Looser lending conditions see high LTVs and house purchases rise
Loan-to-value (LTV) mortgages of 85 per cent and above increased 32 per cent in 2011, according to e.surv. There are currently 57,301 85 per cent and above LTV mortgages available, up from 43,379 in 2010, making lending conditions at their most accessible since August 2007.
Meanwhile, house purchases enjoyed a year-on-year increase in November for only the second time in 2011, according to the Council of Mortgage Lenders (CML).
47,000 loans (£6.9bn) were advanced in November, an increase of 3 per cent and 5 per cent by number and value respectively when compared to 12 months prior and 4 per cent and 5 per cent on the previous month.
17,300 loans (£2.1bn) were taken out by first time buyers, an increase of 4 per cent by volume and 5 per cent by value year-on-year and month-on-month. Such an increase was always expected as more and more first time buyers rush to take advantage of the Stamp Duty concession before it ends in March.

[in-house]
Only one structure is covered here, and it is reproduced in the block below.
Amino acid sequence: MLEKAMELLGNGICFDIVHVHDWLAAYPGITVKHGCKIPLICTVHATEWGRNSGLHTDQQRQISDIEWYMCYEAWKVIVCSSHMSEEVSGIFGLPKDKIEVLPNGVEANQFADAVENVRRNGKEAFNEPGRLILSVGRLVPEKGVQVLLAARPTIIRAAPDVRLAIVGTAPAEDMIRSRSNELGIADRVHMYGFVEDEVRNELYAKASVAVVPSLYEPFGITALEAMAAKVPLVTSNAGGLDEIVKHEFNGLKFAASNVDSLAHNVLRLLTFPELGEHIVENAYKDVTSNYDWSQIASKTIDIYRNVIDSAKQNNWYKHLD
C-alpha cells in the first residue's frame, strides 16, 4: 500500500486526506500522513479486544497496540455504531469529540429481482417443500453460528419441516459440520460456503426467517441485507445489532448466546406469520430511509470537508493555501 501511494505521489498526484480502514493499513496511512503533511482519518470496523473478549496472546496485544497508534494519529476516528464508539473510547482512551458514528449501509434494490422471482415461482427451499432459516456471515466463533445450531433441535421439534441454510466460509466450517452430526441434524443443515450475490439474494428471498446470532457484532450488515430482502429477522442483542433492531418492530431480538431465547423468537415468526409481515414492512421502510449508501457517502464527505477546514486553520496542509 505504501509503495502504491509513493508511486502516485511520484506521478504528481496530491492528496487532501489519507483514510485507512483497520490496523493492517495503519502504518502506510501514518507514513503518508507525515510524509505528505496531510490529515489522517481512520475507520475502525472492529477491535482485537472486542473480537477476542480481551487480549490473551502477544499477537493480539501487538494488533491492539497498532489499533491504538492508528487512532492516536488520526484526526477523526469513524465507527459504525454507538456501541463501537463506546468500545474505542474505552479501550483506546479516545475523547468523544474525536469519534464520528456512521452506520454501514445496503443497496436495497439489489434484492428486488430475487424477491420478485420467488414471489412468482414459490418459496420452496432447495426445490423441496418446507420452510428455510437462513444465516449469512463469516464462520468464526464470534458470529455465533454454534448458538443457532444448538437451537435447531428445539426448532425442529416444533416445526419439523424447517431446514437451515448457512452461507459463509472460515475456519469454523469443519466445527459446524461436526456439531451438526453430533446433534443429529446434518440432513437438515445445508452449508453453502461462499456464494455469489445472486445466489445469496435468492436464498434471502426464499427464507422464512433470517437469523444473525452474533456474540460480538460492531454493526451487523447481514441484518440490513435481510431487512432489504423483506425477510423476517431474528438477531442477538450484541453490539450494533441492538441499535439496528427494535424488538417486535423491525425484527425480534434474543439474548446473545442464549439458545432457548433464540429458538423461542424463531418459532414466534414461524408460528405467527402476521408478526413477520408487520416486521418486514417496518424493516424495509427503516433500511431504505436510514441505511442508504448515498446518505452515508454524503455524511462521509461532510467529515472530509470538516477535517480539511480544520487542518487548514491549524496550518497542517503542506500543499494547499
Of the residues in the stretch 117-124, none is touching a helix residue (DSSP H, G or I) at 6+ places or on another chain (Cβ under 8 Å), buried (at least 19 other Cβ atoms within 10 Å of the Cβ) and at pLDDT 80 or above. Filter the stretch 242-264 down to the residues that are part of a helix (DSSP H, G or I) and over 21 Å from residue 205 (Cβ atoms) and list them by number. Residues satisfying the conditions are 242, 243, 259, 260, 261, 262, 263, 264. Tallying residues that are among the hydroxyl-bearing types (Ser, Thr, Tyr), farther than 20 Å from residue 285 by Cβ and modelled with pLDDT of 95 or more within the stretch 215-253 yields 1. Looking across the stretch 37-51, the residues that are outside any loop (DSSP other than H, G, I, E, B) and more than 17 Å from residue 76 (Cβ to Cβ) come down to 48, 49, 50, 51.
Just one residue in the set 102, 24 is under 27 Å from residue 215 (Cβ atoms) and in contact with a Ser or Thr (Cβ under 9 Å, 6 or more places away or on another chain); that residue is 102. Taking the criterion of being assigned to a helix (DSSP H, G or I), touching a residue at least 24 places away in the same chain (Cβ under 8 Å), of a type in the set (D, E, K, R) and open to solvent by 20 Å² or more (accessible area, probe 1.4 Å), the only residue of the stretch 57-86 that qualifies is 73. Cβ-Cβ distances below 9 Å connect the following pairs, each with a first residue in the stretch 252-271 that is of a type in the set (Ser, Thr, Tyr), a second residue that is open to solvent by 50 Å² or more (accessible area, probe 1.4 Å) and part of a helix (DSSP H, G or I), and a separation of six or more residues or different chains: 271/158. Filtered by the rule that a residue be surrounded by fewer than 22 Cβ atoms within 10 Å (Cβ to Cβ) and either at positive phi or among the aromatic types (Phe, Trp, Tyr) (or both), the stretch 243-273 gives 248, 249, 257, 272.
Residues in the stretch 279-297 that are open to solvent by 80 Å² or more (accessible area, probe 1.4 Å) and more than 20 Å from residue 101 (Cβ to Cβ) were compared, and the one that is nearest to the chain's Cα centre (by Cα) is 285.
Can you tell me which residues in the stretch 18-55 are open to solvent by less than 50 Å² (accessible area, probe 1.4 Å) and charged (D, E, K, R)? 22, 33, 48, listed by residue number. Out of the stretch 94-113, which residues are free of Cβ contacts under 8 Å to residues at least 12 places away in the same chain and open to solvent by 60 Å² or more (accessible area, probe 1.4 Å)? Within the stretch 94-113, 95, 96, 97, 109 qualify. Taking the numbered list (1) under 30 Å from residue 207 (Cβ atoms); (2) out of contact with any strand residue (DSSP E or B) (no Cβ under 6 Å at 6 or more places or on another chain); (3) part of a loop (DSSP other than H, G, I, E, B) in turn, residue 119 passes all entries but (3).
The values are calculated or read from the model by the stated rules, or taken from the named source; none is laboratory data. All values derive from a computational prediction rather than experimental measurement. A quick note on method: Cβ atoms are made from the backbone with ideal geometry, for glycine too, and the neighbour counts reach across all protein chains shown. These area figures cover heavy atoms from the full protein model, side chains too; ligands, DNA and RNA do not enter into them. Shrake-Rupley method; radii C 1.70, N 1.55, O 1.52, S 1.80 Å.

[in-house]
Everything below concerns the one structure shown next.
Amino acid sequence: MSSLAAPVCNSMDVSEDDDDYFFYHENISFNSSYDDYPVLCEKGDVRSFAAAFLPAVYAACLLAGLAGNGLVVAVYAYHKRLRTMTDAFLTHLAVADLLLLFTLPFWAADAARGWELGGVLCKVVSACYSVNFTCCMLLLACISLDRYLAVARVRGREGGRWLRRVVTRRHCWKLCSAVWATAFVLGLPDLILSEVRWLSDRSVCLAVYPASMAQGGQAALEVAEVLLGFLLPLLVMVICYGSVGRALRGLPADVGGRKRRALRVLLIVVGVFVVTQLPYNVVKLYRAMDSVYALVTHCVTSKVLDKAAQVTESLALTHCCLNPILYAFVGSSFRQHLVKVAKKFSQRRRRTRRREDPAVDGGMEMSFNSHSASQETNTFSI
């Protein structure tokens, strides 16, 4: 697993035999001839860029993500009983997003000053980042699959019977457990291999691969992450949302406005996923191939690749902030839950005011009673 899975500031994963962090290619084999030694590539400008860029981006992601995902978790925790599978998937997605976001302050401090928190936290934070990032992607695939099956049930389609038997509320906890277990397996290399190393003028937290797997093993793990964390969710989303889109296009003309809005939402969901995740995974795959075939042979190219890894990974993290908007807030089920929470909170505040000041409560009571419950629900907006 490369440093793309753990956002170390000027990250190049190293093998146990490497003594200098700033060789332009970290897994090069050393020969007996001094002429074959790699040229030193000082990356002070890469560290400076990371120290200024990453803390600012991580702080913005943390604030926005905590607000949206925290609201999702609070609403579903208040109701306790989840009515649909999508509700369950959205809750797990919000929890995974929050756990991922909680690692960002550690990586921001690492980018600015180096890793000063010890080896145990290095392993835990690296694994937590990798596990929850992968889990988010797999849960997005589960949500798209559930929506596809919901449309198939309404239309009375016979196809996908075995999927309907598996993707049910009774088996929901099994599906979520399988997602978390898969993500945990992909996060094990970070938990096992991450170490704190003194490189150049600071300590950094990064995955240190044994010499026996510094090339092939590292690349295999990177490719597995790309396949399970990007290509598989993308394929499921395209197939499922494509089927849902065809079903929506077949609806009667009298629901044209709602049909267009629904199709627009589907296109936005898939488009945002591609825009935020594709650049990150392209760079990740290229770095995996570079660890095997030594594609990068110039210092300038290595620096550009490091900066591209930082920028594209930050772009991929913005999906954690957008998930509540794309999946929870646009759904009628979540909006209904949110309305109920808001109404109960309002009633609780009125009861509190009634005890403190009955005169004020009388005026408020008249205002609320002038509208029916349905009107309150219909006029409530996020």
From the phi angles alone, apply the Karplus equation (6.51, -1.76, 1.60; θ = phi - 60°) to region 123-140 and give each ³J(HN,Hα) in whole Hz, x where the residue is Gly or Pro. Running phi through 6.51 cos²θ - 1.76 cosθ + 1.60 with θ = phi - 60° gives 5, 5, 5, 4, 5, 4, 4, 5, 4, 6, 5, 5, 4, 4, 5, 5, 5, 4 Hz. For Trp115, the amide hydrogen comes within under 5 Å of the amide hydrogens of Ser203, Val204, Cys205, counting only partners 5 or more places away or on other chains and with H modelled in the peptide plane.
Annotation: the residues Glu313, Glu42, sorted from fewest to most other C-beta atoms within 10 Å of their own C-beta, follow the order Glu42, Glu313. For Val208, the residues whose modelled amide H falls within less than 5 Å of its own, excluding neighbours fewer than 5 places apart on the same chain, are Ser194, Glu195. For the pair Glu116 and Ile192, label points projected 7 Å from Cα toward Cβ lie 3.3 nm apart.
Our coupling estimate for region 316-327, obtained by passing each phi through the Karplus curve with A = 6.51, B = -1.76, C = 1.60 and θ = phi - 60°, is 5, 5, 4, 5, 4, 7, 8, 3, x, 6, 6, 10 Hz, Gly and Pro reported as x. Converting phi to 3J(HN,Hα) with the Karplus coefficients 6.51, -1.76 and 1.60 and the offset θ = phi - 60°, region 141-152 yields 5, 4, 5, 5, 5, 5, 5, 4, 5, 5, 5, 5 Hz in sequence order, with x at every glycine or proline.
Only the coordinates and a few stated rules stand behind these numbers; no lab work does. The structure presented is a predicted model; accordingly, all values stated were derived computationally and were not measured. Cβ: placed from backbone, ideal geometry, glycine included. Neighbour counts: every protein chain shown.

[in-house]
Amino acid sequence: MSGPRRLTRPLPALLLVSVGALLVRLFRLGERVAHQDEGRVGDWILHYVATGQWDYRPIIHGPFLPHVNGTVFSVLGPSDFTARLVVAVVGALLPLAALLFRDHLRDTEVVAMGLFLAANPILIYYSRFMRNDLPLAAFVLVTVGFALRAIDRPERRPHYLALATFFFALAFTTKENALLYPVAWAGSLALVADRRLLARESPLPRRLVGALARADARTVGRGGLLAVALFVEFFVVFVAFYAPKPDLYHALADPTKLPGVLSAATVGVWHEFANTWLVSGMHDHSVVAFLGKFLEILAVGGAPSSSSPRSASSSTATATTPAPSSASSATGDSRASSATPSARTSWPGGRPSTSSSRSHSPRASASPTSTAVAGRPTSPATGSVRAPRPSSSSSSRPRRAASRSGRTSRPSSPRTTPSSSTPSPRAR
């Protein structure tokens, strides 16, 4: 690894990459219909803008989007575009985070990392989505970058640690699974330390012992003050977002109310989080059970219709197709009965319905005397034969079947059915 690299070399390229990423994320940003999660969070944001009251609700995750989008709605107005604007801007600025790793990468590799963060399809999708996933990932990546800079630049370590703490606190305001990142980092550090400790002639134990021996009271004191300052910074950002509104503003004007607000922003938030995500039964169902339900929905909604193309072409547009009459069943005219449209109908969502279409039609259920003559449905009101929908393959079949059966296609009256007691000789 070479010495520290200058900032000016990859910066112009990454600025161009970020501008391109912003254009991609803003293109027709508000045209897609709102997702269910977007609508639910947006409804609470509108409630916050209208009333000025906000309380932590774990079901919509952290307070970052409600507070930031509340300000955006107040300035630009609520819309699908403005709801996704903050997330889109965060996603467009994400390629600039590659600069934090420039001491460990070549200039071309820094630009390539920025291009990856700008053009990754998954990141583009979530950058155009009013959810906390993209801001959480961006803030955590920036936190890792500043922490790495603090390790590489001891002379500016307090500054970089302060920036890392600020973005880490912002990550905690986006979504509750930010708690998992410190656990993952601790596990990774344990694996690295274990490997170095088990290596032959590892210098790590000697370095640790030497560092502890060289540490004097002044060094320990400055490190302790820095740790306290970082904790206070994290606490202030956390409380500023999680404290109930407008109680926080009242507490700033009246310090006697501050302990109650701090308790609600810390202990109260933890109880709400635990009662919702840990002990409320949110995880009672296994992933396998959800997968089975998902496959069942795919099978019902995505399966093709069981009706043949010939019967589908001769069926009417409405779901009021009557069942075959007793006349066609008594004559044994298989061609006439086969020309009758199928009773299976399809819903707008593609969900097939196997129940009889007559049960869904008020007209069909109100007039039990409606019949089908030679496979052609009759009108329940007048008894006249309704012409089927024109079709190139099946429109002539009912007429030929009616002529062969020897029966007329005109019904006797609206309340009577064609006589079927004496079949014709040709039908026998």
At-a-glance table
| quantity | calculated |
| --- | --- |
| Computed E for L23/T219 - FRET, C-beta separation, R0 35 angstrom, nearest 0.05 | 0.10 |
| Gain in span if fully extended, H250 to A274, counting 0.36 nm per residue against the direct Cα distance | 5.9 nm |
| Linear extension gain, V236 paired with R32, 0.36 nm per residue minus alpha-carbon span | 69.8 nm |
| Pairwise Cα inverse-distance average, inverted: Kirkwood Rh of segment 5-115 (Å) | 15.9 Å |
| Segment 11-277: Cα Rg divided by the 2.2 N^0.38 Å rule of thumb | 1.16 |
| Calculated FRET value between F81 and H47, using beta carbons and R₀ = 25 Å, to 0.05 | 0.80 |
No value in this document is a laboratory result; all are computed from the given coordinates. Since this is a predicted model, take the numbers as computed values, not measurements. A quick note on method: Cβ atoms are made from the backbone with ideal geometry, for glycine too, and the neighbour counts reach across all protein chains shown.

Paul Smee, Director-General of the CML is encouraged by the figures:
“A rise in mortgage lending towards the end of 2011 is a welcome indictor for the industry considering confidence has been weak due to fragile economies both at home and in the eurozone.”
Richard Sexton, Director of e.surv, agrees:
“The improvement in 2011 is modest, but when taken against the backdrop of the eurozone crisis and turgid economic growth, it’s clear the market has demonstrated real staying power last year.
“Banks have made a concerted effort to increase the amount they lend to first time buyers which is reflected in the big jump in higher loan-to-value lending. They are also supplementing this with more lending to buy-to-let investors.
“It’s important,” he added, “to keep things in perspective. The gains over 2011 shouldn’t be taken as a portent of a return to the sunnier climes of the pre-2008 market.
“2012 will be a difficult year. Banks will pass the increased cost of funding themselves onto the consumer, and will likely focus on hoarding capital rather than new lending. A flat market looks like the best we can hope for.”
Content correct at time of publication